Notebook, 1993-

MATERIALS & METHODS - Painting - Oil Painting

Characteristics - Painting Methods & Techniques - Materials and Equipment - Work Space & Storage - Manufacture of Pigments - Protection of the Picture

Oil Painting - Oil Painting Brushes

For a general guide to brushes see the following link:

In a sense, the brush might be considered the physical extension of the painter's fingers, which should pick up and deposit the paint exactly where it is wanted, in exactly the right amount. If the same job is attempted with a stick or a rag, it will become apparent that the brush is a complicated and ingenious tool, which is remarkably sensitive to the will of the artist. A good brush must be made by hand, of the finest grades of raw materials, and manufactured with a high degree of experience and craftsmanship. A good brush, if properly cared for, will perform well and last a long time. A [ p. 69] cheap brush, mass produced of poor material, will wear out very quickly and, more importantly, will never perform adequately, even when new. Therefore it is more economical to purchase brushes of the highest quality.

For oil technique the most frequently used brushes are made of white hog bristles. The bristles are set into a rubber or resinous compound and enclosed in a metal ferrule, which is then attached to a wooden handle. The bristles have a natural curve, and great care is necessary in setting them so that the tip of the bristles curves in toward the center of the brush rather than straggling out in random directions. Furthermore, the most desirable qualities of uniform resiliency and durability can be obtained only when the tips of the bristles are left untrimmed, the natural ends of the bristles being used to make the tip of the brush. For this reason the hairs must be sorted into batches of uniform size before they are used in artists' quality brushes. In the cheaper brushes the bristles are often set at random and then trimmed to make an even tip. It is possible to distinguish brushes made with untrimmed bristles from those that have been trimmed by looking at the ends of the bristles. The natural ends have a tiny branch, or "flag," which is visible upon close examination.

Bristle brushes are set in varying shapes and lengths, which yield strokes of differing character. Flat brushes with square corners are produced in two lengths: the longer ones called flats, the shorter, brights. Filberts are rather fuller with rounded corners. Rounds are circular in cross-section and correspond in shape to the brushes used before the nineteenth century. Each type is available in sizes running from very small [No. 0] to large [No. 12]. [p. 70]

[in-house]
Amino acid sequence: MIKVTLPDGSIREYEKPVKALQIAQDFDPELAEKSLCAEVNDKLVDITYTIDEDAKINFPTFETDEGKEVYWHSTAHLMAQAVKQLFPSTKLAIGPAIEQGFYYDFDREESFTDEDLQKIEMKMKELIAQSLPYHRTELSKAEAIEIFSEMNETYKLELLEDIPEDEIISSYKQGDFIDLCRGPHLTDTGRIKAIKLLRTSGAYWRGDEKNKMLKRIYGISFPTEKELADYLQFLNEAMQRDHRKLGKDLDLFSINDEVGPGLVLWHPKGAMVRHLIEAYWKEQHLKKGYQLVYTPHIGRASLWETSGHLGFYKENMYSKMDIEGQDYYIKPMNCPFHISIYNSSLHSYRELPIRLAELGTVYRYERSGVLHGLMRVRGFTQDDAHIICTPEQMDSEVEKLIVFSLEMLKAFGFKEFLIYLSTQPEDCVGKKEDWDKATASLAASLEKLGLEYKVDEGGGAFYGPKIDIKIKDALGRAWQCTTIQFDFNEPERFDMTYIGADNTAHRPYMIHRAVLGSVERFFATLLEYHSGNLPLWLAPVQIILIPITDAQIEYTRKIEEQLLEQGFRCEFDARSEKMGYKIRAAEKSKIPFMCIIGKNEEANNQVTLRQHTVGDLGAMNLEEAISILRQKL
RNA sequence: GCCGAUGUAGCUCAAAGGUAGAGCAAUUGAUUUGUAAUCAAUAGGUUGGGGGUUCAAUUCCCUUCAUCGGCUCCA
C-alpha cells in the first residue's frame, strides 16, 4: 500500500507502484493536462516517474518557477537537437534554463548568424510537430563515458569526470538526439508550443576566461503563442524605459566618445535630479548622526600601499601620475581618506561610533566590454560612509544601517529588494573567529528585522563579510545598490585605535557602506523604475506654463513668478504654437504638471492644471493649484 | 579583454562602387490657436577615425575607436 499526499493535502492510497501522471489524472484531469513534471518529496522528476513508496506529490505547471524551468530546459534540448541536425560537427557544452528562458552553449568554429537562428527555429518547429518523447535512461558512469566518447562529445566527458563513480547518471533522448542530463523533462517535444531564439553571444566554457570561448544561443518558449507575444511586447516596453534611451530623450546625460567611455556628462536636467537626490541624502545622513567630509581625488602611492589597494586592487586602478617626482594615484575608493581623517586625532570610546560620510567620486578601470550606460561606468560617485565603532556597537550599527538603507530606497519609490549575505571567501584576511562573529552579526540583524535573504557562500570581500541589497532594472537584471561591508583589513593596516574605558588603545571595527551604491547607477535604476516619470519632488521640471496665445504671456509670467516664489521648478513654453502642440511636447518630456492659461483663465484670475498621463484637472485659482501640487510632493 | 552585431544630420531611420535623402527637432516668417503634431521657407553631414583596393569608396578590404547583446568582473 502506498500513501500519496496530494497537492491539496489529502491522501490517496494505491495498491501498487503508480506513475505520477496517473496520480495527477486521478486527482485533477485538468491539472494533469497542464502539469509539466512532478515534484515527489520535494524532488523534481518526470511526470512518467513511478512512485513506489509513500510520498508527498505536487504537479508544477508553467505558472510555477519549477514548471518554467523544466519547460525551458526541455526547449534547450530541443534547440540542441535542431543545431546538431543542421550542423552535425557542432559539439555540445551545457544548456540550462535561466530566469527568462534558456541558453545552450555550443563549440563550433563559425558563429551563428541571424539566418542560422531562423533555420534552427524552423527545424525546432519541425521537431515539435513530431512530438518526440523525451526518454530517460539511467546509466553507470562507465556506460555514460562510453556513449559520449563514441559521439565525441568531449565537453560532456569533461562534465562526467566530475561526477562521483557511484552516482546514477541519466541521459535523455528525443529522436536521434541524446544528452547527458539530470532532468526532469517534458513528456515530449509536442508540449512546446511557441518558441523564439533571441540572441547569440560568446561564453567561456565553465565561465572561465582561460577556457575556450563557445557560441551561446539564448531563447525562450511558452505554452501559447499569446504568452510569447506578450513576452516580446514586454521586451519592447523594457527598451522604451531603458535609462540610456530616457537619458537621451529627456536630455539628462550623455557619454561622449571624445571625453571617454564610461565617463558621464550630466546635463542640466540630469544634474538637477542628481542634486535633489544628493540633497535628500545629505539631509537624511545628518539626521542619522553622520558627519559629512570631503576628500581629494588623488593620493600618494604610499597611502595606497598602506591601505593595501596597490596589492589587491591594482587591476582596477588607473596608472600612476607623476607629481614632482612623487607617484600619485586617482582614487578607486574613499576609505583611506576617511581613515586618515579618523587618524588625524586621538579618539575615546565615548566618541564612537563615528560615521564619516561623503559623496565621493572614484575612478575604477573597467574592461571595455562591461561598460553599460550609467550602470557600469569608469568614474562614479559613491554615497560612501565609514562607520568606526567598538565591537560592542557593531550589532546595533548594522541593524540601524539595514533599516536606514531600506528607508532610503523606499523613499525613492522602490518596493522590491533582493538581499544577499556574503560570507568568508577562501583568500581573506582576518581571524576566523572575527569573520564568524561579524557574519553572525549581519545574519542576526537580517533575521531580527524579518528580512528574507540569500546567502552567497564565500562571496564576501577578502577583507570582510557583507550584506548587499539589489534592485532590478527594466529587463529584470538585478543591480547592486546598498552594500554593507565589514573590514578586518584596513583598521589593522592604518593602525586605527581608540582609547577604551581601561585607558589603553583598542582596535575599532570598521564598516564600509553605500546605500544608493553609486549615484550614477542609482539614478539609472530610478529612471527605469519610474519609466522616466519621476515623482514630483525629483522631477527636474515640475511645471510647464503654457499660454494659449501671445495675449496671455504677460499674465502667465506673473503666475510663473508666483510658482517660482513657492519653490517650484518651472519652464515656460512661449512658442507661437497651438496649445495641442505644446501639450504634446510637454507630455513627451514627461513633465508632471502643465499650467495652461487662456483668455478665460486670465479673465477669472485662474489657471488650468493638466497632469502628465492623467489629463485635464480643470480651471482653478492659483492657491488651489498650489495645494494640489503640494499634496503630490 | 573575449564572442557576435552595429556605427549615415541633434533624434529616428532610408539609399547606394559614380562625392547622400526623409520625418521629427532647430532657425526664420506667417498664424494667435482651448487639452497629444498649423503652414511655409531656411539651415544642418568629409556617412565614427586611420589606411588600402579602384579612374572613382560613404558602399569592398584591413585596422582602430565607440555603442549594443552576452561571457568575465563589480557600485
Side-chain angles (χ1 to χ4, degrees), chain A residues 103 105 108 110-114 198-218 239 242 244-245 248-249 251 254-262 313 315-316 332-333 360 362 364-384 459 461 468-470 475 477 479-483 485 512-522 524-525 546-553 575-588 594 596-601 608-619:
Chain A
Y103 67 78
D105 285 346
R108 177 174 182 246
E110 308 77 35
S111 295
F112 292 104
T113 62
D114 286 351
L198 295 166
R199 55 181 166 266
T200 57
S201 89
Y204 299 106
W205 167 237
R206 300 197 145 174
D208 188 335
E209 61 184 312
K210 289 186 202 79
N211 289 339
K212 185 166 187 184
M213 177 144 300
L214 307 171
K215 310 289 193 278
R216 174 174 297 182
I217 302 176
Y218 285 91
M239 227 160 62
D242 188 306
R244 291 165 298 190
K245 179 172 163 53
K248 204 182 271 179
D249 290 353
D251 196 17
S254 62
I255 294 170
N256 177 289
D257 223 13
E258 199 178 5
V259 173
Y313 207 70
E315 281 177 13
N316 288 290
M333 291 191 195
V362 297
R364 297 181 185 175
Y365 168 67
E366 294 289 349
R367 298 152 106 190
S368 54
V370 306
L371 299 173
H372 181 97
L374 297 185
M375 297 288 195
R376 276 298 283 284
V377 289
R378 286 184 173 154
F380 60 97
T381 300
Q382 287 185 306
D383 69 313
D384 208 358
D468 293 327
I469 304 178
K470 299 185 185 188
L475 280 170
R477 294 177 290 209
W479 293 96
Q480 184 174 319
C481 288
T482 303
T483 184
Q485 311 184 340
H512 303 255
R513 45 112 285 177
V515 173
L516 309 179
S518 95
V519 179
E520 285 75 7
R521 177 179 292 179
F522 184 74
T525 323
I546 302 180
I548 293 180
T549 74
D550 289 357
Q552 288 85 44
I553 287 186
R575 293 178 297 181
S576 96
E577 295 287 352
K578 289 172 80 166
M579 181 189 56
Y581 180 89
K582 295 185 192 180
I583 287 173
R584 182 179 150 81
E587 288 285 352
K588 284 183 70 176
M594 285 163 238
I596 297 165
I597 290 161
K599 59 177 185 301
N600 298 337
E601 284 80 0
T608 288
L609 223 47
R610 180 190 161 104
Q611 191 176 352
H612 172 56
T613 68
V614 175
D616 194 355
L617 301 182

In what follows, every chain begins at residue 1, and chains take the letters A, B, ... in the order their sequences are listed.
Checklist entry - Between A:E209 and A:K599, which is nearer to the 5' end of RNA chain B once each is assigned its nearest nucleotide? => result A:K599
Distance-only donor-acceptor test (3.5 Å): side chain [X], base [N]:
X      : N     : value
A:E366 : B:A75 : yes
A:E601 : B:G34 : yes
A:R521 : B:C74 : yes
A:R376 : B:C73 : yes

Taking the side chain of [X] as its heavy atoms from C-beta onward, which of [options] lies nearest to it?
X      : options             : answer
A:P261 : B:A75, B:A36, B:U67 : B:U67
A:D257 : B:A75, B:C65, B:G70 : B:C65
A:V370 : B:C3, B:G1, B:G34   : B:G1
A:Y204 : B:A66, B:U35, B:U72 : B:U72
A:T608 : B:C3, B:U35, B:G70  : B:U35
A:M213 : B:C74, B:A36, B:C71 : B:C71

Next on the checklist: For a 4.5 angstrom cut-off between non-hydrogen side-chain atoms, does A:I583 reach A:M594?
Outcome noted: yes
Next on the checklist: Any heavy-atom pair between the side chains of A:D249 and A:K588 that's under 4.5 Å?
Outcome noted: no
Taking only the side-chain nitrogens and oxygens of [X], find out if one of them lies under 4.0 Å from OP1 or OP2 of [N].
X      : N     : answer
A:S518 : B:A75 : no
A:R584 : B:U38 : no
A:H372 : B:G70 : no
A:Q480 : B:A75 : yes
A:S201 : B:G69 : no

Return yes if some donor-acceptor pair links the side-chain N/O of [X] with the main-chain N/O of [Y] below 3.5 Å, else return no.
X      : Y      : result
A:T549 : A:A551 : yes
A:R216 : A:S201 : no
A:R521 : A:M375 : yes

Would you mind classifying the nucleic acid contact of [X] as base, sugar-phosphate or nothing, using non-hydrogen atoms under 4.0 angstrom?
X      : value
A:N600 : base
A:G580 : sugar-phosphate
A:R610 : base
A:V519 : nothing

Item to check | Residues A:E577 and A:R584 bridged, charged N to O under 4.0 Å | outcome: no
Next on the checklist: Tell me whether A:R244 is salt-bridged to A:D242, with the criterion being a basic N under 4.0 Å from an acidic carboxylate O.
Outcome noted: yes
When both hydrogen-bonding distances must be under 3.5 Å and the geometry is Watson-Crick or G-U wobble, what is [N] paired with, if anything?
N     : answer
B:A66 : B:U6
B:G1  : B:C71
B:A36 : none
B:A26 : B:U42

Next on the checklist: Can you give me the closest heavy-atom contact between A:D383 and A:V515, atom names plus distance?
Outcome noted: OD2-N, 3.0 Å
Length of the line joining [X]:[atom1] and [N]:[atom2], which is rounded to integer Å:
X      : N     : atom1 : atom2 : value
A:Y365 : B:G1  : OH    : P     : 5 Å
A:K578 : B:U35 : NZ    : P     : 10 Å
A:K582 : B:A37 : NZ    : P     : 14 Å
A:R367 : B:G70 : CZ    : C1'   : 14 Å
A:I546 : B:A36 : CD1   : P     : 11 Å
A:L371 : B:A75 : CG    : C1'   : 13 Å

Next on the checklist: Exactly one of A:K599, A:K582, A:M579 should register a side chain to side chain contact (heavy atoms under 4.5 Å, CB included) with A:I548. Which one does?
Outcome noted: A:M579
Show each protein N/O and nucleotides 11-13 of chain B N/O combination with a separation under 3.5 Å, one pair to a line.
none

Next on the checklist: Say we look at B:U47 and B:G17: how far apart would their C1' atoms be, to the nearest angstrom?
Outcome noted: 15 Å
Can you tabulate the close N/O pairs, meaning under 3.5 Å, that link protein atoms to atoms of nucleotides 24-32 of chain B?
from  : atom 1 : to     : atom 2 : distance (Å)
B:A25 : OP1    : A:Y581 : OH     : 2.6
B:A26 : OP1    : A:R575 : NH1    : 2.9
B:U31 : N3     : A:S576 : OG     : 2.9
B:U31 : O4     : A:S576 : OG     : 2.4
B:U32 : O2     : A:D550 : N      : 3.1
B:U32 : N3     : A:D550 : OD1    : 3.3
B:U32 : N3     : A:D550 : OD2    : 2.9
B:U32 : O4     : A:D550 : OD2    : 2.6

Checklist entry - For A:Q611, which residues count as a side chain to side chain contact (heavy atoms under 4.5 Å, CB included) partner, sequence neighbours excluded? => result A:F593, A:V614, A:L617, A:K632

Softer brushes are available for oil technique and are employed where smoother surface or finer detail is required. They are usually made of red sable and may be purchased in various shapes: rounds, flats, or brights. Other soft hair brushes [ox hair, squirrel hair, and so on] are considered by most artists to be inferior to the best red sable brushes and should be less expensive. Soft hair brushes may be set in quills as well as in metal ferrules.

The best brush may become completely useless in a short time [!!! in excessive use] if not cared for properly. At the end of a day's work, the paint-filled brush should be wiped on a rag or newspaper to remove excess color....

It should then be rinsed in mineral spirits [or in water if the brush has been employed in water technique]... Finally, it should be well washed in soap and water in the following way:

l. Wet the brush in warm [never hot] water.

2. Rub it lightly on a cake of white or yellow laundry soap

3. Rub the bristles on the palm of your hand until a lather is made and the color in the brush is carried out by the soap.

4. Rinse the brush thoroughly in warm water.

5. Repeat the whole process as many times as is necessary, until the lather remains white and untinged by color and the brush is as clean as when new. It is especially important that no oil color dry out at the base of the bristles near the ferrule. Finally, take care to rinse the brush very thoroughly to remove all traces of soap. [p. 71]

6. Squeeze the damp, clean brush lightly between the thumb and fingers to shape up the bristles so that they dry into the correct form.

This should be done at the end of each working day to keep the paint from hardening in the brush. Attempts to salvage brushes in which paint has dried are usually unsuccessful. The paint may be softened and removed by high solvents, but the bristles usually do not recover their resiliency. Occasionally, if it is inconvenient to wash out the brushes, they should be left suspended in turpentine, mineral spirits, or oil in a container designed to keep the weight of the brush from resting on the bristles. Such metal-spring rigs are available in art supply stores. However, this procedure of leaving dirty brushes to soak overnight in turpentine, mineral spirits, or oil is not recommended as a habitual practice, since the rubber or compound in which the bristles are set may be affected. A brush of good quality that has been given good care can be expected to give excellent service through many years of painting.

[pp. 69-72]

[Kay, Reed. The Painter's Guide to Studio Methods and Materials. Englewood Cliffs, NJ: Prentice-Hall, Inc., 1983.]



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